Minister Gray said over the last 30 years the sector has grown tremendously. He said at the moment it has about a $250 Million Dollars in assets and it boasts of a membership of about 36,000. He said these accomplishments by any standard or reasonable observer spells success.
“The Department of Cooperatives has undoubtedly contributed as I indicated before in an indirect way, to this milestone’s success. Despite these encouraging statistics however, I’m advised that the Producer Service Cooperatives assets represents only one percent of the sector’s total assets and about only one percent of its total membership. That’s not good enough. I trust that you are going to retool yourselves as individuals and as organizations all to ensure that that sector does a little better because we believe it can. One percent is not good enough,” said Minister Gray.
“Recent developments in the sector have necessitated a closer look at the future role and function of the Department of Cooperatives. I’ve indicated to you already that there is a pending possibility that the role that the Department of Cooperatives now plays may be transferred to the Central Bank of The Bahamas. I’ve already given my view to the Department and I share it with you in this way. I personally believe that the transfer of cooperatives and credit unions to the partner or to the Central Bank ought to be only when these organizations, having been born, grow to a certain level of deposits for Central Bank management. I’m not sure it’s going to work in the future but I do not see that the Central Bank will be an agent of change other than for management.”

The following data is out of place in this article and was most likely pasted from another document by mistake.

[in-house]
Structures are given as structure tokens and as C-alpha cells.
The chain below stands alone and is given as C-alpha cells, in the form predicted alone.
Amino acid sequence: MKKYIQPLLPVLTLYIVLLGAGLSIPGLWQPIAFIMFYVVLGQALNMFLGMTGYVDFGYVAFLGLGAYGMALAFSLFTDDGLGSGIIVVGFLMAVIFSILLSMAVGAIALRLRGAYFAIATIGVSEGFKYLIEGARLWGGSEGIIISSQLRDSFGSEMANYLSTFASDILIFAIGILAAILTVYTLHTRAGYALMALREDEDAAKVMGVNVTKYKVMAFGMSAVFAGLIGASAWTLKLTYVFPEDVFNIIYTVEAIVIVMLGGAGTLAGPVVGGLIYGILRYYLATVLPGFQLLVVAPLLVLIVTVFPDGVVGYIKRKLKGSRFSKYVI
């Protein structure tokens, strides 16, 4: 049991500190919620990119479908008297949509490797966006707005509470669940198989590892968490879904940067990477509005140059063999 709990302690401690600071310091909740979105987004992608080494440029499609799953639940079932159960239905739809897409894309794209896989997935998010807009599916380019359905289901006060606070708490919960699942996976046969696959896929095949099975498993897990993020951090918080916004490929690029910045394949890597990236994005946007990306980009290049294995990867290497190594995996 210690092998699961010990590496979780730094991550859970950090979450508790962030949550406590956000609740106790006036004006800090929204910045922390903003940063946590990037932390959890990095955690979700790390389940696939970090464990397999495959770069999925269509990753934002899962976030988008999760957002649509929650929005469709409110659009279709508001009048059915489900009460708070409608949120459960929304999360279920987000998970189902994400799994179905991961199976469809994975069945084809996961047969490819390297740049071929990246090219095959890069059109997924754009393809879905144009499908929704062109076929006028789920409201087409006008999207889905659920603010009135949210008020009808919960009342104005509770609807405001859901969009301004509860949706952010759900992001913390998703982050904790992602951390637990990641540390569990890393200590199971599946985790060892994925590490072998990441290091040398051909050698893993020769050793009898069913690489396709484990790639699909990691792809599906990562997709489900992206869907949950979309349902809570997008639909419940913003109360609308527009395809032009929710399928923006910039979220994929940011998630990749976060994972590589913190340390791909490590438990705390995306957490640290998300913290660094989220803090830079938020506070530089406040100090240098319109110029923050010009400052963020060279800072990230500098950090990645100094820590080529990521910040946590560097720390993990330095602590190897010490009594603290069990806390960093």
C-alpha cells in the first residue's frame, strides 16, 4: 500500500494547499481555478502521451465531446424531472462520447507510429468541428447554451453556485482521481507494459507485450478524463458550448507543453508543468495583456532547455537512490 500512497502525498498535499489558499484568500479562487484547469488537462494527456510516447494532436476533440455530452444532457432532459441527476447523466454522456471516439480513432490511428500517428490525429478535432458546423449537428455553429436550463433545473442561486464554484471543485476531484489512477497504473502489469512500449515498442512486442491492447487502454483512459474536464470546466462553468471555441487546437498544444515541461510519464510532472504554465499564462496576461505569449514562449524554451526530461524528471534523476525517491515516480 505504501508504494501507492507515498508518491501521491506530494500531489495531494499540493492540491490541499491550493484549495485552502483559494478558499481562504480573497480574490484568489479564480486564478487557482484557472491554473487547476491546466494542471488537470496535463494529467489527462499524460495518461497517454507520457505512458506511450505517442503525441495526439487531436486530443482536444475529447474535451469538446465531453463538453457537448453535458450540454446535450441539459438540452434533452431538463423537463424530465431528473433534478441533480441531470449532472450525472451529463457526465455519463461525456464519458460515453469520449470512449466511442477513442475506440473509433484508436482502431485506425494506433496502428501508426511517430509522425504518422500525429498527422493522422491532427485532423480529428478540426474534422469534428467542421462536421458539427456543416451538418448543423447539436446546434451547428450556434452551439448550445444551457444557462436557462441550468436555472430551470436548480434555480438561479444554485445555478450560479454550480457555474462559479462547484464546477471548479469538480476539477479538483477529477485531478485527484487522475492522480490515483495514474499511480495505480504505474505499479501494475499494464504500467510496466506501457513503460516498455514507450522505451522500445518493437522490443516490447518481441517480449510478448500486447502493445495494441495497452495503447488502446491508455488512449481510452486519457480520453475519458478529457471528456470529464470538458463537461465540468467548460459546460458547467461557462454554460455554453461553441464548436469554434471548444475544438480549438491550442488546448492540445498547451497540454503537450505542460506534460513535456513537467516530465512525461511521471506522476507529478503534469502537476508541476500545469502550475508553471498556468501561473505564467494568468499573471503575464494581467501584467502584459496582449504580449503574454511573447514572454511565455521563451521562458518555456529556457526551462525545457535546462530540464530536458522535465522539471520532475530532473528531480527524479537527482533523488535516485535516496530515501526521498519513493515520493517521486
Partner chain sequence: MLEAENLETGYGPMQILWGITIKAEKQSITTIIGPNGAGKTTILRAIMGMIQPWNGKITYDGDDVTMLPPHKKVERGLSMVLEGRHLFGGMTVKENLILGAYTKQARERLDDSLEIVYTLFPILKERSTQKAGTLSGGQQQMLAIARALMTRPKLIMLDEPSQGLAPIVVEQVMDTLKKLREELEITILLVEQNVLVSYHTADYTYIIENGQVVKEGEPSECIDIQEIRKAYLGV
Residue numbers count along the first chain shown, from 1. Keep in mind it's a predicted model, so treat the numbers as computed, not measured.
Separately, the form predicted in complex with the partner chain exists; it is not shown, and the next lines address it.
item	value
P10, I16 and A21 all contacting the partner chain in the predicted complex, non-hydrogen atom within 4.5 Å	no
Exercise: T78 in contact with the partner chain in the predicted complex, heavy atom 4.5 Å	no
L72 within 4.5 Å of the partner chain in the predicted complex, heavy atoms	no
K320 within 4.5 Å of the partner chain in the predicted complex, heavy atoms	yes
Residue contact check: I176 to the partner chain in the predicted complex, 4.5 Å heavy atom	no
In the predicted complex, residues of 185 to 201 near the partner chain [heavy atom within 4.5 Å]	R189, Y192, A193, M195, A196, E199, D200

Minister Gray encouraged the Cooperative Department to continue starting credit unions and then transfer over the management of the deposits to the Central Bank once the Credit Union has reached its limit, whether it is $50,000 or $100,000 or even a deposit of $1 Million. He said regardless of the figure the law should require the deposit be transferred to the management of the Central Bank because he wants to believe that the Central Bank’s management ought not to be a part of the genesis of credit unions and cooperatives.
“It’s my Ministry’s duty or obligation to ensure our food security. Our agricultural sector production over the years has declined considerably. 20 years ago there were 2500 farmers in The Bahamas. Now it’s less than 1800. I’m talking about registered farmers. That’s a decline of about 800 over the years. That’s not good for The Bahamas and it’s not good for the future of our food security program,” said Minister Gray.